Shotgun proteomics of archival triple-negative breast cancer samples
Article first published online: 6 MAR 2013
© 2013 WILEY-VCH Verlag GmbH & Co. KGaA, Weinheim
PROTEOMICS - Clinical Applications
Special Issue: Proteomic Analysis of Formalin Fixed Tissue
Volume 7, Issue 3-4, pages 283–291, April 2013
How to Cite
Gámez-Pozo, A., Ferrer, N. I., Ciruelos, E., López-Vacas, R., Martínez, F. G., Espinosa, E. and Vara, J. Á. F. (2013), Shotgun proteomics of archival triple-negative breast cancer samples. Prot. Clin. Appl., 7: 283–291. doi: 10.1002/prca.201200048
- Issue published online: 14 APR 2013
- Article first published online: 6 MAR 2013
- Accepted manuscript online: 22 FEB 2013 03:52AM EST
- Manuscript Accepted: 10 DEC 2012
- Manuscript Revised: 15 NOV 2012
- Manuscript Received: 31 MAY 2012
- Instituto de Salud Carlos III. Grant Number: PS09/01597
- Spanish Ministry of Science and Innovation (MICINN). Grant Numbers: PTA2009-2925-I, PTA2011-4928-I
- Breast cancer;
- Therapeutic targets;
- Triple negative
Triple-negative breast cancer (TNBC) accounts for 15–20% of all breast cancers, and has a worse prognosis compared with hormone receptor-positive disease. Its unfavorable outcome and the lack of hormonal receptors determine the use of adjuvant chemotherapy as part of the standard treatment for these tumors, although several studies have documented that the current standard combination chemotherapy is suboptimal. Therefore, a new functional taxonomy of breast cancer and new targets for therapeutic development are urgently needed.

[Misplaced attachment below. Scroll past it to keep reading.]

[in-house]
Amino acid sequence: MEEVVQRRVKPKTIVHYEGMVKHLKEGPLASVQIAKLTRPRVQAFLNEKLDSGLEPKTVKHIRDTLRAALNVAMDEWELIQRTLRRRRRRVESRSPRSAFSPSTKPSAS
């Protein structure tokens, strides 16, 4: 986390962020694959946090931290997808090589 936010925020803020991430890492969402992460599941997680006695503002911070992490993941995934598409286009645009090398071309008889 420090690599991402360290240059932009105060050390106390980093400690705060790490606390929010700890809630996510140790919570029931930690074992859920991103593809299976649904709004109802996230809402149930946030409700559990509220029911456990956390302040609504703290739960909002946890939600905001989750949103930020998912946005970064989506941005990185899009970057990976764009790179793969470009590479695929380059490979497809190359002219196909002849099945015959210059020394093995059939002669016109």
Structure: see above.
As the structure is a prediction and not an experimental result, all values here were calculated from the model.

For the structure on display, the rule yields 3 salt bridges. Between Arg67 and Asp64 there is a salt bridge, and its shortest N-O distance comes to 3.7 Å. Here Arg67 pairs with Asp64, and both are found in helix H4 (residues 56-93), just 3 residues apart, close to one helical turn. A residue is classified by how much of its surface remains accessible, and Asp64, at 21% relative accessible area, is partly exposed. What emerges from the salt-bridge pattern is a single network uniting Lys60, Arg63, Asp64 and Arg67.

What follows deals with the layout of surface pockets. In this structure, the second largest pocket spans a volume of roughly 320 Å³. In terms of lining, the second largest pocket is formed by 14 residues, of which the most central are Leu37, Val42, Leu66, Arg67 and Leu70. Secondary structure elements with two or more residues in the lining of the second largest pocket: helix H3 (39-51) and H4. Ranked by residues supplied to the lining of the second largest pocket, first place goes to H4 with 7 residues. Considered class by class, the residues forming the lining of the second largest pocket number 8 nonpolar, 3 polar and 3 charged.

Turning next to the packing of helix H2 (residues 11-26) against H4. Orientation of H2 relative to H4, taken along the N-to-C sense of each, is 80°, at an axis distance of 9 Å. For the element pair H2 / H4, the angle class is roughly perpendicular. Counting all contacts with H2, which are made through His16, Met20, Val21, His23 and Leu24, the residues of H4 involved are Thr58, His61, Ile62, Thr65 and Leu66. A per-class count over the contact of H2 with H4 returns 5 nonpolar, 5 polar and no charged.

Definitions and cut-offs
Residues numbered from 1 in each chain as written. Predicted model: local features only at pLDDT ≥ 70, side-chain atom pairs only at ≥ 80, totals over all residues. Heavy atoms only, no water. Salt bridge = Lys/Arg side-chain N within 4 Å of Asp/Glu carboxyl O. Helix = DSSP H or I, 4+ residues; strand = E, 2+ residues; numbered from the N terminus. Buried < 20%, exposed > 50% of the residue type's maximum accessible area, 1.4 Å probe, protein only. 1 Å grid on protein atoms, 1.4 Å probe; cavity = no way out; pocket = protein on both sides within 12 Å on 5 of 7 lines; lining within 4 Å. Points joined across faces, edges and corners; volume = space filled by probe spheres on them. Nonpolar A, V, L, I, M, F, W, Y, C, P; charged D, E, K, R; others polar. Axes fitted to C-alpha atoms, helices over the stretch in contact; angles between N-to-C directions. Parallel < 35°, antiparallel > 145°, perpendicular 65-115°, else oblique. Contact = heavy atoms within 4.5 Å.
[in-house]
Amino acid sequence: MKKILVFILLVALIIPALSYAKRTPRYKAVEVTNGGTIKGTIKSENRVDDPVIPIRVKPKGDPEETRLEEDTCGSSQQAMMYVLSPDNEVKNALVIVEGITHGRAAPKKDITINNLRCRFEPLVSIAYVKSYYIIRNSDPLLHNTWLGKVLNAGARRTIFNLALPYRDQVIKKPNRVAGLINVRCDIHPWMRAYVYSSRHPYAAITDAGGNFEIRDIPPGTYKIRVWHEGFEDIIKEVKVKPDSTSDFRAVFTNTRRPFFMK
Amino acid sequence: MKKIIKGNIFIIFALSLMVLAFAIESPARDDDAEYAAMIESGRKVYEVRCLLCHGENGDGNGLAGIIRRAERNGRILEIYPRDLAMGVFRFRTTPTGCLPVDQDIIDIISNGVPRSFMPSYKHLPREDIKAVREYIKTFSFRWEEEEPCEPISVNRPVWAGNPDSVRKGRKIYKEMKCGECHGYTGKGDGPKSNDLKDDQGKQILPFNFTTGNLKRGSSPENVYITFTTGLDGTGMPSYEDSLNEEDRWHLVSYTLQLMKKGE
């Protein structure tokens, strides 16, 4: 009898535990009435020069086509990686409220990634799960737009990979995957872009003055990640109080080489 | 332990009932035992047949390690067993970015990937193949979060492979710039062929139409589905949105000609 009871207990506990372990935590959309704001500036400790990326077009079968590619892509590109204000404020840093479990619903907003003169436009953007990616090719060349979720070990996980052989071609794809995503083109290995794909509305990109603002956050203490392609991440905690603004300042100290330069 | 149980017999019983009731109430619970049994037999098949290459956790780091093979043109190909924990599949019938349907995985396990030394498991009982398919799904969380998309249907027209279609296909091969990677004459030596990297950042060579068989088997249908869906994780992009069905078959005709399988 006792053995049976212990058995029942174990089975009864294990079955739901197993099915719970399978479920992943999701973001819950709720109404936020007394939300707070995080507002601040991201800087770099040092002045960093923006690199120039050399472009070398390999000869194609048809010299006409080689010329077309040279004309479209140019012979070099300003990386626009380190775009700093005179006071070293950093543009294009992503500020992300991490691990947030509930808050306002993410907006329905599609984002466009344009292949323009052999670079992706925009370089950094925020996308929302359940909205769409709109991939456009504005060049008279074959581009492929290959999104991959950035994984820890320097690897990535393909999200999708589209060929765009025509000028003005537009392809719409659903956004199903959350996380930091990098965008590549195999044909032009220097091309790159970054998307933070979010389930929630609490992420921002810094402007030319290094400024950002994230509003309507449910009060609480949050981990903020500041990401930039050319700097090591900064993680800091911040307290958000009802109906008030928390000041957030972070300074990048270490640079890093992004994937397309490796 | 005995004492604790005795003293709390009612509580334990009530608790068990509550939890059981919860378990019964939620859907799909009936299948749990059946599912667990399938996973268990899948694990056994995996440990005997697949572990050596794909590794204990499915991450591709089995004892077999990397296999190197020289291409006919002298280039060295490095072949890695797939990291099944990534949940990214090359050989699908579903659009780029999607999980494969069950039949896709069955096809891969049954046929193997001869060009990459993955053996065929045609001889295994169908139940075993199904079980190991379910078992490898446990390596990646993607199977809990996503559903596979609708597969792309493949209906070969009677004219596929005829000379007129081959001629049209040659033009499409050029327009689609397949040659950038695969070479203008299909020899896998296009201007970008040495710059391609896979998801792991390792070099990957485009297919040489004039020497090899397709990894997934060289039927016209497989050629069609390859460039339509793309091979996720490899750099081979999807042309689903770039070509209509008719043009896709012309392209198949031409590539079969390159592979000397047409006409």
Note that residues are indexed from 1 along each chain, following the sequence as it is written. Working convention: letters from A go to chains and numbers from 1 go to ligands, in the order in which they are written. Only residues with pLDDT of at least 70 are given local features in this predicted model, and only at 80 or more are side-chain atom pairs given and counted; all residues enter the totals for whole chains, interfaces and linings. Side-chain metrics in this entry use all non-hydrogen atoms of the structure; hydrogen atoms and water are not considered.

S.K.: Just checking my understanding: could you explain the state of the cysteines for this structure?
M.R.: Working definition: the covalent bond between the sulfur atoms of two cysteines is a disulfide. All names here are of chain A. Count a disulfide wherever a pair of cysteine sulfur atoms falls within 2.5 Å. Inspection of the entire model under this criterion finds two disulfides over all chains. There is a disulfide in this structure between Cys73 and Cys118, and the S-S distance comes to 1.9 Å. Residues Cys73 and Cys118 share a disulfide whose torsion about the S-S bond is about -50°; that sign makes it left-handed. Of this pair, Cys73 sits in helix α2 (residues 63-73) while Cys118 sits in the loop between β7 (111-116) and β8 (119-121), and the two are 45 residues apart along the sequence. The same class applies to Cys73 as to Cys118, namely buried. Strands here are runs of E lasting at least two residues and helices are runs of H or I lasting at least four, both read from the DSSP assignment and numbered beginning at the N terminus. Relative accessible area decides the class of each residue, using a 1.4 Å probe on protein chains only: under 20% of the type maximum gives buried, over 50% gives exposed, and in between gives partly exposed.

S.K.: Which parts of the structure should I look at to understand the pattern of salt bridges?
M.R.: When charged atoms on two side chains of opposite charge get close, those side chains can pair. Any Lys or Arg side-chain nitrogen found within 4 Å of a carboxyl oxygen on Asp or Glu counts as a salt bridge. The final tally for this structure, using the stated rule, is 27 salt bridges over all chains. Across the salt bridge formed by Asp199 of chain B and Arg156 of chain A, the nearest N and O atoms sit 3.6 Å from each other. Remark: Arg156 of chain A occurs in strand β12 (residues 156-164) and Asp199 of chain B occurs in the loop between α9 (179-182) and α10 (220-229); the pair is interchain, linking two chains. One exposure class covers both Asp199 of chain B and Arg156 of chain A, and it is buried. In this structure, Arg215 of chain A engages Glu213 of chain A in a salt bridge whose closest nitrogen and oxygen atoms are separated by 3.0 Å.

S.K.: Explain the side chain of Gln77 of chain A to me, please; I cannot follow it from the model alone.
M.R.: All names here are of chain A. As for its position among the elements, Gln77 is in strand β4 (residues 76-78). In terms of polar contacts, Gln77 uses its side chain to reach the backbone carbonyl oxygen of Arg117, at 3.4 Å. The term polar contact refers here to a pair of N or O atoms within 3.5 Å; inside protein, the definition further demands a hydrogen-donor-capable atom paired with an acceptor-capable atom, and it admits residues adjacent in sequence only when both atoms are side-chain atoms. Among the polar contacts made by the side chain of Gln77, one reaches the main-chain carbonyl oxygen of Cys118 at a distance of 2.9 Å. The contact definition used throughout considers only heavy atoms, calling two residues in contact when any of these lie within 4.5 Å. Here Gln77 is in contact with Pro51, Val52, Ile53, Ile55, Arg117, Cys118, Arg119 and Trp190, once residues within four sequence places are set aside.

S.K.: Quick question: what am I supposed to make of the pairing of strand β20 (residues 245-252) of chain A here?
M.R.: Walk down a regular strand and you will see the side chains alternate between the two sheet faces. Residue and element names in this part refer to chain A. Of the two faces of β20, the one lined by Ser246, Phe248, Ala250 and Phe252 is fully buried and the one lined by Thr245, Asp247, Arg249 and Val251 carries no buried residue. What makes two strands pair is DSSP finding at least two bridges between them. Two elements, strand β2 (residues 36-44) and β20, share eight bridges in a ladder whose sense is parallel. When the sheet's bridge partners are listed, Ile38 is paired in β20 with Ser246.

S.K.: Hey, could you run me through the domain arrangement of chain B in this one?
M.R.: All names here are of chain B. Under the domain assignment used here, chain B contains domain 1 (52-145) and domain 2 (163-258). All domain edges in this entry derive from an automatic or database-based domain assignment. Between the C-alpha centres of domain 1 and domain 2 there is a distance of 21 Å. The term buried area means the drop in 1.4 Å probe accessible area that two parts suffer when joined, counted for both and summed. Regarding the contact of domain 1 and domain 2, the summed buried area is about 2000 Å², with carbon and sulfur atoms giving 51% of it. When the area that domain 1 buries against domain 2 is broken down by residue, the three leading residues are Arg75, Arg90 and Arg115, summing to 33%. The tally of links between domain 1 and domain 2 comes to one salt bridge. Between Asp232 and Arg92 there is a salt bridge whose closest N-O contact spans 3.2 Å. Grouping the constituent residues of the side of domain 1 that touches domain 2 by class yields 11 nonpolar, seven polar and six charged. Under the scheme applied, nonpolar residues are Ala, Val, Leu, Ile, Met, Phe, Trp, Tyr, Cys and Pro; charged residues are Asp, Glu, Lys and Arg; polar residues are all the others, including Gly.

In this study, we have analyzed the proteome of TNBC applying a high-throughput proteomics approach to routinely archived formalin-fixed, paraffin-embedded tumor tissues.
We have been able to identify and quantify more than 1000 protein groups. Some of these proteins are of outstanding interest in the biology and clinical management of this disease, such as CD44 and PARP1. Moreover, we have characterized some signaling pathways that could be related to TNBC genesis and development.
Conclusion and clinical relevance
Our results open up new avenues for the use of proteomics technologies in clinically relevant studies using archival samples. Shotgun LC-MS/MS studies could serve to discover new biomarkers and may provide clues to the genesis of TNBC and underlying molecular alterations.